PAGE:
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Book Review: A Visual History of the English Bible by Donald L. Brake

Sola meaning alone, ground, base.
Scriptura meaning writings.
Together they are Sola Scriptura meaning complete, accurate, authoritative--"by Scripture alone."
"All Scripture is breathed out by God and profitable for teaching, for reproof, for correction, and for training in righteousness, that the man of God may be competent, equipped for every good work." 2 Timothy 3:16-17 ESV

Link for the book @ Amazon:
Hardcover $19.79

Link for the book @ Christian Book:
***outstanding price Hardcover $7.49

Link for the book @ publisher:
Hardcover $29.99

Published September 2008 by Baker Publishing Group
352 pages/Non-Fiction/History of Bible

With the many different translations of the Bible most of us are not aware of how they came to be. For my generation I grew up with the King James Version. My earliest memories of Scripture memorization and Bible stories were in this version. In 2011 my translations of choice are the New International Version, New American Standard Version, and English Standard Version, (not listed in any order of favorite). I recently purchased and am now reading Romans in The Interlinear New Testament Bible--the literal translation.
I knew little of the Gutenberg Bible or Wycliffe's Bible, or others. These were translations that were written many centuries ago, but each contributed to the Bible translations that we use today.
A Visual History of the English Bible is a great beginner book for anyone interested in learning more about the English Bible. This book does not go in to any detail about the texts that were used to write the Bible translations, such as the Alexandrian text, or Western text. Nor the many other codex's and manuscripts that are used today in writing our current translations. The focus is on the English Bible's that were written starting with the 14th Century.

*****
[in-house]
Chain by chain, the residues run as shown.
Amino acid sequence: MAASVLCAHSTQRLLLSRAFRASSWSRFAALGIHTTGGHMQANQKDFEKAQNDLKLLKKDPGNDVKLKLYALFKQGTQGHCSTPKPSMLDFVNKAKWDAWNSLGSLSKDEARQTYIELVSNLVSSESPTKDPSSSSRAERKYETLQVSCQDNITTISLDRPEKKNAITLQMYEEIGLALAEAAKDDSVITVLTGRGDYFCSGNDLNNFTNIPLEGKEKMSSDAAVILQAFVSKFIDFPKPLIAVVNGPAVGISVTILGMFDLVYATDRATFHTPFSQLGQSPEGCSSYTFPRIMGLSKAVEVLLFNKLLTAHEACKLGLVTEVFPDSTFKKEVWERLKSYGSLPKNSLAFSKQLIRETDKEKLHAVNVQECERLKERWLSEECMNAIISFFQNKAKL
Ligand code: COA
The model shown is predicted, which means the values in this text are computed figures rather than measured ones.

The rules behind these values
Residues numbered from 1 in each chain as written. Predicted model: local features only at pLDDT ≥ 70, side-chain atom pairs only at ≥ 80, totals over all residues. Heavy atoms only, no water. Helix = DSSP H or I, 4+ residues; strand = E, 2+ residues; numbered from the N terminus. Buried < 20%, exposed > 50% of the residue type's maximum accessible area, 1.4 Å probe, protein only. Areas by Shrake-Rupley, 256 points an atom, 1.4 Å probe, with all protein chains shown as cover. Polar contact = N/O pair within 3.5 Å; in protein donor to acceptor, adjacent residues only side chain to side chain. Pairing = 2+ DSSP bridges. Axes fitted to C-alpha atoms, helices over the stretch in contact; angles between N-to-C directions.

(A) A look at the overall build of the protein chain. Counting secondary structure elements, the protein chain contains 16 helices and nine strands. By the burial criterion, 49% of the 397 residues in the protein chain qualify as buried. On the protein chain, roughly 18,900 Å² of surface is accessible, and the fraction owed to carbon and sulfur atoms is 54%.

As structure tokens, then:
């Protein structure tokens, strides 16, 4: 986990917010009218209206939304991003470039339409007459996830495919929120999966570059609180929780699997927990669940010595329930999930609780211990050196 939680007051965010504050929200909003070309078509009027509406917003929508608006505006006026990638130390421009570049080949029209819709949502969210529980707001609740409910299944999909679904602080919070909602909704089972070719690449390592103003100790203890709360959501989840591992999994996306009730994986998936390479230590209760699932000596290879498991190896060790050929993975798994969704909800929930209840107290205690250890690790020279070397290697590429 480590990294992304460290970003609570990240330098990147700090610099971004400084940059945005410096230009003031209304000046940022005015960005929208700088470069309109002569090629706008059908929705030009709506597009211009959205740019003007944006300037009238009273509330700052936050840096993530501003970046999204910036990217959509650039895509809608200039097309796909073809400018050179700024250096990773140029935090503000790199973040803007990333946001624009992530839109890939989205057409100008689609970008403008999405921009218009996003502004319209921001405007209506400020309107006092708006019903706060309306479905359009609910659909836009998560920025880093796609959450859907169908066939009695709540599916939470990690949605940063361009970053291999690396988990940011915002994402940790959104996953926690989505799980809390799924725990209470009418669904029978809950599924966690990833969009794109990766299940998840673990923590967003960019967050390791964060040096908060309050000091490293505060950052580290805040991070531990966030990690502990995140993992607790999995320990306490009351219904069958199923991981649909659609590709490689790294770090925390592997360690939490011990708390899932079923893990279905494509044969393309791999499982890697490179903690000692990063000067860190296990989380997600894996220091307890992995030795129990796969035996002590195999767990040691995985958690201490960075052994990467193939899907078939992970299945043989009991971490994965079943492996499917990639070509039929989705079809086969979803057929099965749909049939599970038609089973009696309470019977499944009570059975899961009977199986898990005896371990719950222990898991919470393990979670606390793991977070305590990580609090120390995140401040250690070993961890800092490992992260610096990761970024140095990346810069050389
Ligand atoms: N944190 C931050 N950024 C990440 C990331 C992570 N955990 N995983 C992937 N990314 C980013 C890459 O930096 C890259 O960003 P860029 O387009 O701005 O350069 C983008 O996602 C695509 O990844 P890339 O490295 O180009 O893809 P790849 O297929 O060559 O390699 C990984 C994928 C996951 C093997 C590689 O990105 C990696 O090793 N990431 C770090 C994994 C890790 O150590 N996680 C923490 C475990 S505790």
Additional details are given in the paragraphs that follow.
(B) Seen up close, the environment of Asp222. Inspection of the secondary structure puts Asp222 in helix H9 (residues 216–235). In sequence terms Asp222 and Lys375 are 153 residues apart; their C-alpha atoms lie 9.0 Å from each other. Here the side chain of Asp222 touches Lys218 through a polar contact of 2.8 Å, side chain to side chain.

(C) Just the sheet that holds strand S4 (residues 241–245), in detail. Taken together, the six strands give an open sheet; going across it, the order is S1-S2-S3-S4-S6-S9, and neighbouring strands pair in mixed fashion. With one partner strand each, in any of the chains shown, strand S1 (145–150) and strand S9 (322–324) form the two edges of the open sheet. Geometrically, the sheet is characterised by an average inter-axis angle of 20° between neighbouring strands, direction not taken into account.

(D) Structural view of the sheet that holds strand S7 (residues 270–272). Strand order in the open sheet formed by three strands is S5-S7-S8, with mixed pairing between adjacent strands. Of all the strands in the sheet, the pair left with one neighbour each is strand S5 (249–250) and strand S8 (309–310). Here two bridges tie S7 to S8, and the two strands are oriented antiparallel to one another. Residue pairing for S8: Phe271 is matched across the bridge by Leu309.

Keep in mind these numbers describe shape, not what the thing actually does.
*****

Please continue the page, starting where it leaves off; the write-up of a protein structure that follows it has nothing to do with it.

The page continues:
There is a book by F. F. Bruce that I am thinking of ordering from Amazon that goes in to more deeper waters with the Bible.
Hardcover $18.48

After reading A Visual History of the English Bible it has only peeked my interest for reading more about the Bible, especially these earliest texts that were used.
One of the outstanding features of A Visual History of the Bible are the lovely glossy photograph's of the Bibles, manuscripts--many that the author Donald L. Brake has collected for himself.
I enjoyed reading about John Wycliffe. Before Wycliffe only clergy could own and read Scripture. It was not encouraged to own or read the Scripture. People pre-Wycliffe knew Scripture only through songs, poems, and plays with Biblical themes. It was the Roman Catholic Church that forbade the reading of Scripture. As it was with the Jewish leaders during Jesus' time, it was the same for the Roman Catholic Church during the centuries before Reformation---power and control they did not want to loose.
Wycliffe Bible--the beginning of the Gospel of John.

The Gutenberg Bible is considered one of the most beautiful of the Bibles. It is a work of artistry.
Detail of the Gutenberg Bible--unknown Scripture.
A Visual History of the English Bible takes the reader from (brief) early manuscripts to our current translations. Along the way the author Donald L. Brake shares stories from his Bible collecting adventures.
I enjoyed reading this book and am looking forward to reading more books on the history of the Bible.

Blissful Reading!